…necessarily that intimidation factor plane. And so anyway, that’s one way, I mean. And then areo auctions are online, which is so you can do that from anywhere and they’re over a peer. They’re not at a specific limited time. The foreclosure actions are usually over a have to be held within a four hour period. That the online auctions are usually over a week. So you have more time on this. Got It. Keep doing what you’re doing, keep dragging it from eighteen century to twenty one century. It’s happening bit by bit, but digging, digging deeper here. So you and I chatted. You mentioned before real estate of things podcast existed at Leama one. You were kind enough right around two years ago. Crazy to think how much has happened since you and I last had that conversation. But we talked and one big topic was foreclosures. Maybe have foreclosure moratoriums nationwide. I’ve talked to me about, you know, investor expectations at that time like there’s this moratorium and then as soon as these start to lift there’s gonna be a massive influx of foreclosures. So talk to me about how that has actually panned out and what the foreclosure market looks like right now and where we’re heading with it. Yeah, there was a lot of uncertainty right around the time that. I think we talked, and investors are in certain we saw well, I’ll dress this two ways, in terms of supply and then demand. In terms of supply of for closures, those, you know, those dropped almost none in the first few months after the pandemic hit, and our platform accounts for roughly forty to fifty percent of all for closure actions taking place across the country. So we’re definitely good, good barometer of what’s happening. And the way I look at it is is percentage of I’ve benchmarked to q one hundred and twenty, first quarter of two thousand and twenty and if we look at the the volume for colude are foreclosure volume relative to the first quarter of two thousand and twenty, really before the pandemic hit, it dropped to close to five percent of that level in the second quarter of two thousand and twenty and then it has gradually increase since then and now, in this first quarter of two thousand and twenty, two two years later, we’re we’re seeing a pandemic high in terms of foreclosure volume. However, that said, we’re still at forty nine percent of q two thousand and twenty levels, so we’re still half, halfway below half of the the two thousand and twenty levels or q one hundred and twenty and twenty levels. So in terms of supply, that supplies definitely coming back. If you look at some of the foreclosure starts numbers from from other organizations, you’re seeing eye popping percentage increases of hundreds or even thousands of percent and for closure starts, and so I don’t but even with this percentage increases, I won’t even describe this as a wave of for closures. I would describe it as a gradually rising tide, because we’re not even back to the the pre pandemic levels in terms of supply, but it is coming back. And then in terms of demand, we saw demand drop off. It was that V shaped thing that we saw in the early months of the pandemic where the demand metrics we look at on our on our website, which our sales rate and price execution relative to the credit bid, those dropped off for a month or two and then they came roaring back and I investors realized, okay,…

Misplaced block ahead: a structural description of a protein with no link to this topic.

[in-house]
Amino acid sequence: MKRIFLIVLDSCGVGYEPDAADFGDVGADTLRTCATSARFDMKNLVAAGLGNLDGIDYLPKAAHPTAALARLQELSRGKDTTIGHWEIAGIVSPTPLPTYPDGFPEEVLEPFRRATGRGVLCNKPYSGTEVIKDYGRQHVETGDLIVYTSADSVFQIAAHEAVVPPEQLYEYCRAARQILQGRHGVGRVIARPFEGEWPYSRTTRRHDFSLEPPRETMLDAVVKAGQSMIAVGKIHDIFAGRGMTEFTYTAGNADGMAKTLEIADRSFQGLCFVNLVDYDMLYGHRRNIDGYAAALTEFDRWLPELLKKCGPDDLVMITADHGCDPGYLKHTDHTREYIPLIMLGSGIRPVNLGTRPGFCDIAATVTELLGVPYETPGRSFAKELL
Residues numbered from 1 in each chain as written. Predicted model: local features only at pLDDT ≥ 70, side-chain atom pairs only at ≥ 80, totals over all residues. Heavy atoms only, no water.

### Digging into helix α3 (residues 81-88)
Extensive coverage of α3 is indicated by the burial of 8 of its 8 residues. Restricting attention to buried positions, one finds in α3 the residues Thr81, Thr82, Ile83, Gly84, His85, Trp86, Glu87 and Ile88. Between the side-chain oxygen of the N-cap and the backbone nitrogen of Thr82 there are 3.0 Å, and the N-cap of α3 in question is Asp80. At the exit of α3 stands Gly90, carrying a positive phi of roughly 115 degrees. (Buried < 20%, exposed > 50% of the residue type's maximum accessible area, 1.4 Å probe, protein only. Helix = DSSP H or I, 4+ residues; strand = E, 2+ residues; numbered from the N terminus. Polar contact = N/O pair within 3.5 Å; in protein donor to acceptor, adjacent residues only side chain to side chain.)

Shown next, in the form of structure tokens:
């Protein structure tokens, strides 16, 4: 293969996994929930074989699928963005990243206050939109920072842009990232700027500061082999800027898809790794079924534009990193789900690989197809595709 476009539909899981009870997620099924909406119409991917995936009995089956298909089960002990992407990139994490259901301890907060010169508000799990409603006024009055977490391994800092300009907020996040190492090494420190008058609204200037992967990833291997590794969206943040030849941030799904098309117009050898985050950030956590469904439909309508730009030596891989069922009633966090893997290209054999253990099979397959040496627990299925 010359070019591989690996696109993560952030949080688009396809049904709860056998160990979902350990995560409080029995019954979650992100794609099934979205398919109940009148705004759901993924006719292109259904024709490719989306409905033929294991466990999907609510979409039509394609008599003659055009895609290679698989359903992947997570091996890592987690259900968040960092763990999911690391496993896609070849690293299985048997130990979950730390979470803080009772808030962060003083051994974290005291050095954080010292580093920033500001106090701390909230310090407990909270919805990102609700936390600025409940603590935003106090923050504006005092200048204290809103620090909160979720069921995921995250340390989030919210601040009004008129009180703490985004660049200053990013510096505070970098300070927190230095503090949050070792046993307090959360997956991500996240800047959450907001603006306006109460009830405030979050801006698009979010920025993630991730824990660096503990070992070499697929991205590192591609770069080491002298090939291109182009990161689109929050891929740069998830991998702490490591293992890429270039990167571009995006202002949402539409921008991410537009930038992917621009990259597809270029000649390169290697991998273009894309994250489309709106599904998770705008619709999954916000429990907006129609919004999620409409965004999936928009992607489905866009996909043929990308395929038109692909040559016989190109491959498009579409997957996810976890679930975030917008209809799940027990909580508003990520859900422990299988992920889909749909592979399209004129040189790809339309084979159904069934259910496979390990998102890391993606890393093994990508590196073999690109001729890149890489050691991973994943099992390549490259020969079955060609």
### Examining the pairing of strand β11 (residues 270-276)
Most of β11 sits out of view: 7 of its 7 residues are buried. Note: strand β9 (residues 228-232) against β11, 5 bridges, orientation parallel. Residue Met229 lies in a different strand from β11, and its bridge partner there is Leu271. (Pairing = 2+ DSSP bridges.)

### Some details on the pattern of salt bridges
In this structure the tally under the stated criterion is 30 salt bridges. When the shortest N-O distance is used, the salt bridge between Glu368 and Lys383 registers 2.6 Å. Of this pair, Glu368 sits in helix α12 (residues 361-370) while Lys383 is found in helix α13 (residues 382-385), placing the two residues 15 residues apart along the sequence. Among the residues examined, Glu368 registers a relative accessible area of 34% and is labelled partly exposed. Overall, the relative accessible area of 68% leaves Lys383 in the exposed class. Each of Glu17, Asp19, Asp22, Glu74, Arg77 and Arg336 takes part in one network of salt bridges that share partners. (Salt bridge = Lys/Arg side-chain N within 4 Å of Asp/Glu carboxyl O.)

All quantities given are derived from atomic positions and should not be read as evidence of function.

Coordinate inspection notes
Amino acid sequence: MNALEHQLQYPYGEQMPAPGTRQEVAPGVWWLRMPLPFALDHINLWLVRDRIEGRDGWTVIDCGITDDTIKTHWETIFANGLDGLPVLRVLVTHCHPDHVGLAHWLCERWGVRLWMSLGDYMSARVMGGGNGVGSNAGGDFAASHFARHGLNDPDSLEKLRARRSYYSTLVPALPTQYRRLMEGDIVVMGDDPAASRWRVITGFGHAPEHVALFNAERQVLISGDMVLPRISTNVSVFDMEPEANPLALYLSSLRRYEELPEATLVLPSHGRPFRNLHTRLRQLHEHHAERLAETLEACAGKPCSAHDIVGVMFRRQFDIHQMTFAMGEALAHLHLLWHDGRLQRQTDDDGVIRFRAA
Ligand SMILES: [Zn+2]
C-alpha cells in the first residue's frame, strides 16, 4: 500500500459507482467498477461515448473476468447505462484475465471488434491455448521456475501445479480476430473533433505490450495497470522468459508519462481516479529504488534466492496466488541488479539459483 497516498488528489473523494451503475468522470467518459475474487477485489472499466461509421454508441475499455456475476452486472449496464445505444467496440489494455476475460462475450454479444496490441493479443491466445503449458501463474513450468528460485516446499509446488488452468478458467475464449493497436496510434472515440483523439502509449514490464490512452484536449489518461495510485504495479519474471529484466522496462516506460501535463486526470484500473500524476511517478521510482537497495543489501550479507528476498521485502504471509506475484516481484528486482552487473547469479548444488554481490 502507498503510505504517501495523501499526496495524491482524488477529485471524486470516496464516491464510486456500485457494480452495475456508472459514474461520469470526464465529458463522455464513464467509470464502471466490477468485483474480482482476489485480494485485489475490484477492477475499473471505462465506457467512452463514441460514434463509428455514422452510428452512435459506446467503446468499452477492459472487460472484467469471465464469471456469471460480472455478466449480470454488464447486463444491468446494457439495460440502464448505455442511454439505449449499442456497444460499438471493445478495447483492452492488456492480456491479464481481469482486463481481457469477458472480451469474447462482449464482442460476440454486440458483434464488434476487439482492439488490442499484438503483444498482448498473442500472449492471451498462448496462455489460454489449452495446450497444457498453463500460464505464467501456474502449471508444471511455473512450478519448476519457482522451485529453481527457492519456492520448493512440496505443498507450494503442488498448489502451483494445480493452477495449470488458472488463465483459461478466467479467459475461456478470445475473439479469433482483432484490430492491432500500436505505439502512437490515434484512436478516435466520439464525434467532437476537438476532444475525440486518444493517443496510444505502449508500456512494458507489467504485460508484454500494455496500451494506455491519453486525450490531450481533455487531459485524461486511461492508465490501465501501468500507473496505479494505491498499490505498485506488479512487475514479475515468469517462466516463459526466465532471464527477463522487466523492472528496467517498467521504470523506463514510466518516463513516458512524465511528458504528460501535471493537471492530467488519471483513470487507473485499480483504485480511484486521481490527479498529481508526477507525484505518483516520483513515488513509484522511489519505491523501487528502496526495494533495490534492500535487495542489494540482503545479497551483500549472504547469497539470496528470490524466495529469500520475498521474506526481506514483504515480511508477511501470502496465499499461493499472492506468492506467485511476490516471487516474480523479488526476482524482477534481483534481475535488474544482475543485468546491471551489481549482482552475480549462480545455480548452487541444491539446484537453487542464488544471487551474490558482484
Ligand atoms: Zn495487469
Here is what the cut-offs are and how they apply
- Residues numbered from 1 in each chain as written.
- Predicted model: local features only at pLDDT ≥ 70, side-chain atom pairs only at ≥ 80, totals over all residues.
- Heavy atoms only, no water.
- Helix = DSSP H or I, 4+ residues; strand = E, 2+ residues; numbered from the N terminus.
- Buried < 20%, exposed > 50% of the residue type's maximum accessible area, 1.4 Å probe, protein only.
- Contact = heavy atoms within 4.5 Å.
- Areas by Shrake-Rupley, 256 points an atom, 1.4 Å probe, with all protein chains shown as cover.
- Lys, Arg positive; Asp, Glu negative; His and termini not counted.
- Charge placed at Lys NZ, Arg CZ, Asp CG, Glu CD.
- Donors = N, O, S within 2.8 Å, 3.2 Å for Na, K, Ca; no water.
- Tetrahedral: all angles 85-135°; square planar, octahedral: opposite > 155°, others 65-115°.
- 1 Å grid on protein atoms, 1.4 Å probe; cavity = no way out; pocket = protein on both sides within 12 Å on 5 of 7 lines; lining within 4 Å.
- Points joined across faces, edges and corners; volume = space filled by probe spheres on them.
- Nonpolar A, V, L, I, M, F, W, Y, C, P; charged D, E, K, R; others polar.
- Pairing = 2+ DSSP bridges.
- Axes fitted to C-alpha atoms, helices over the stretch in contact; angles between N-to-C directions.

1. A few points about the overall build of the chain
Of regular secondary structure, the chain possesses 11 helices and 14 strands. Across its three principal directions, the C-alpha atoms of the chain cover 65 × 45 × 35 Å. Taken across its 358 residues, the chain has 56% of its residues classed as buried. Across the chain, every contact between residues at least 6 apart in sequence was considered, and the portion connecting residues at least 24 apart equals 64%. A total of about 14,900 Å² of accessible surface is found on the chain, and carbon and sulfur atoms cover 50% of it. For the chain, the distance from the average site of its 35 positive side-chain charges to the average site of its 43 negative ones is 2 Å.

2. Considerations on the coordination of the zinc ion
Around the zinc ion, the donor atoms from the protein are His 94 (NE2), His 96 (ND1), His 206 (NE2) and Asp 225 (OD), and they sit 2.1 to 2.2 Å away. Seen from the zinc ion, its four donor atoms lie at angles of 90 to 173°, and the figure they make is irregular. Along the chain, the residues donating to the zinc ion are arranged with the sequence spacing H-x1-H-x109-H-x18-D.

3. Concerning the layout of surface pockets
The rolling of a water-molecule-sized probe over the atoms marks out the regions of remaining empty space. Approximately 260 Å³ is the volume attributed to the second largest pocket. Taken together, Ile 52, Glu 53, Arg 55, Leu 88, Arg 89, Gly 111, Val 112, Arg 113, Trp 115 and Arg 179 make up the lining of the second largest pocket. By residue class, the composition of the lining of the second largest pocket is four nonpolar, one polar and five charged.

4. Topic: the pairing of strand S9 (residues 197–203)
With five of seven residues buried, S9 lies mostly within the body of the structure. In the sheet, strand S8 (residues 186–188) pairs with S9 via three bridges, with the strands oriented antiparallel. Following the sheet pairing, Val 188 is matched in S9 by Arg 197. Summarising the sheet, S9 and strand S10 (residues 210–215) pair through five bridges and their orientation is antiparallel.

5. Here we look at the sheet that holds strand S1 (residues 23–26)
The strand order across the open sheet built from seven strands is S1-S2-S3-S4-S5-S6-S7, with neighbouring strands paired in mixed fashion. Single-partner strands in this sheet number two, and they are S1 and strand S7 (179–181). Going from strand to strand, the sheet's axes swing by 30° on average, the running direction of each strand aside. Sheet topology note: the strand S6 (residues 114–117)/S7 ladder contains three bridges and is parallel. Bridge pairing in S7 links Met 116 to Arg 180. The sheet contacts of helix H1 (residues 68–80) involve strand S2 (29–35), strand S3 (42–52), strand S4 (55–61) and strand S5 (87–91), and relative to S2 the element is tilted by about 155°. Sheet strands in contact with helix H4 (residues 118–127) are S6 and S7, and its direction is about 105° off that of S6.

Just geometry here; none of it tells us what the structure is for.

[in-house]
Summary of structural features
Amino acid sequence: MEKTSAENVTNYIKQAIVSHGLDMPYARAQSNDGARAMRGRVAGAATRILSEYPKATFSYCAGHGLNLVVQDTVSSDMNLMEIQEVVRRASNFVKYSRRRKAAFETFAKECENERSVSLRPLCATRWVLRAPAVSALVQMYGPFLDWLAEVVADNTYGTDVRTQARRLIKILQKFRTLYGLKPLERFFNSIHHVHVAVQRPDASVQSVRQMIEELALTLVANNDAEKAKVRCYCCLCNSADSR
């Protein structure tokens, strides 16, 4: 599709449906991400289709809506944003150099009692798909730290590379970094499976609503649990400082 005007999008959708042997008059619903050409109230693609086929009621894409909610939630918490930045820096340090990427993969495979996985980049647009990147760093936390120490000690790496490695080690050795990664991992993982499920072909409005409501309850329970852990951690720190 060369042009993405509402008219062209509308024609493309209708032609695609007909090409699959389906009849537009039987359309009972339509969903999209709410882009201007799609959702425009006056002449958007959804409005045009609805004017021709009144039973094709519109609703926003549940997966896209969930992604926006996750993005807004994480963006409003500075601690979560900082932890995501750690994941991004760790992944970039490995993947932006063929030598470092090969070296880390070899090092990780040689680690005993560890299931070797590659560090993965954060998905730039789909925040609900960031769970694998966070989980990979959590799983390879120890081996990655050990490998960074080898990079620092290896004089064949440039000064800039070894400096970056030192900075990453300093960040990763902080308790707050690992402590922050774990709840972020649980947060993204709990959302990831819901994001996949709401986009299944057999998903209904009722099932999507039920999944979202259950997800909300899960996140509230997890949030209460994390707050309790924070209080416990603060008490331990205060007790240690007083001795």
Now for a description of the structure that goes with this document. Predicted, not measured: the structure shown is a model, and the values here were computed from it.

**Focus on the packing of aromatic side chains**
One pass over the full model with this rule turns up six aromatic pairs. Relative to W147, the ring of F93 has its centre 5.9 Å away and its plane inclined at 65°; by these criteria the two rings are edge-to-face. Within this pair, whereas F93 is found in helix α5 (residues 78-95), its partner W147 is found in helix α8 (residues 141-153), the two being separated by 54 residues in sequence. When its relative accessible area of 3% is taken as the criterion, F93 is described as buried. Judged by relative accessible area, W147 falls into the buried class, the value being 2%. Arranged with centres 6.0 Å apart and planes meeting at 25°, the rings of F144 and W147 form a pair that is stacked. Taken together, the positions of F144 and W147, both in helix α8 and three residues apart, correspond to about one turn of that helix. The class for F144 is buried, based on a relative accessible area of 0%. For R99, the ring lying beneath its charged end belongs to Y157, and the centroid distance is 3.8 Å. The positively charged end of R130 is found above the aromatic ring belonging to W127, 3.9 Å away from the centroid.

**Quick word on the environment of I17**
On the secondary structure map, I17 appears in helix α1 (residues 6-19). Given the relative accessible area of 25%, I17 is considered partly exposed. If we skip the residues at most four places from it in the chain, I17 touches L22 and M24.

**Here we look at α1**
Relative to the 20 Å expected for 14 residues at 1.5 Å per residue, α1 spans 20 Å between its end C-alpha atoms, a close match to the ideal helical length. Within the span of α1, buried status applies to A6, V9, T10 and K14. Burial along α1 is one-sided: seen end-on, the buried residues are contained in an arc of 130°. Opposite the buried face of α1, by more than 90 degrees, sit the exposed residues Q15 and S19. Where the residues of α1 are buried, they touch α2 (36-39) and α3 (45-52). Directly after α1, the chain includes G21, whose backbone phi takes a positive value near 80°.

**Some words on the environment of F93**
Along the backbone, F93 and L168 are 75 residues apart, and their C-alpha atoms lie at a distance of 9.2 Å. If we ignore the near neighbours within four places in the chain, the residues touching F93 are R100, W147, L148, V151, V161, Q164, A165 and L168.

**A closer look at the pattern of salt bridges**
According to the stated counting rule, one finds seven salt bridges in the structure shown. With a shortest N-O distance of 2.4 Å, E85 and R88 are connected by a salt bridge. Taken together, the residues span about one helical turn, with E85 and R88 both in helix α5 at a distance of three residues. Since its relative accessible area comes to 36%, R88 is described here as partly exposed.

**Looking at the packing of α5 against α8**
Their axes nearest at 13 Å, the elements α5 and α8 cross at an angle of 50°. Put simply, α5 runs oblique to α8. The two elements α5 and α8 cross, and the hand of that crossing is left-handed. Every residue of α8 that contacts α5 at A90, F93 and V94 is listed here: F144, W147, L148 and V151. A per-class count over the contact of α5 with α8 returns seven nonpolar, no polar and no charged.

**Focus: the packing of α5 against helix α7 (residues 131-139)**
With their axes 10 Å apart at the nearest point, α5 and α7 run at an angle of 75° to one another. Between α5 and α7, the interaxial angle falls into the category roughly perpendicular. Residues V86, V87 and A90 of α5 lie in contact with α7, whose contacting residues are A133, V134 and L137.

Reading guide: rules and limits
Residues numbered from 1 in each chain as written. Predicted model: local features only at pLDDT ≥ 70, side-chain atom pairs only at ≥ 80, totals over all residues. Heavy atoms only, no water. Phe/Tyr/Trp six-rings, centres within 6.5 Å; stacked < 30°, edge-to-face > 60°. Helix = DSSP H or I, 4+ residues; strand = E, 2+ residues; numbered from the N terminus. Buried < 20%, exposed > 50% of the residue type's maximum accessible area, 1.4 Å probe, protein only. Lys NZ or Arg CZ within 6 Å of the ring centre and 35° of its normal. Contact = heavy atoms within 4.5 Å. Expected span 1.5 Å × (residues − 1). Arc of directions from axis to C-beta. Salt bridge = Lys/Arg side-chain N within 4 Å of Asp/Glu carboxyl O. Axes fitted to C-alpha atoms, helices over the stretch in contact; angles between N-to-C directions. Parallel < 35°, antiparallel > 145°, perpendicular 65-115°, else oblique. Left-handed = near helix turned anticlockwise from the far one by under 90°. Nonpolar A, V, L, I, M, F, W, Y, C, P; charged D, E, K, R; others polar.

00:12:00 – 00:16:00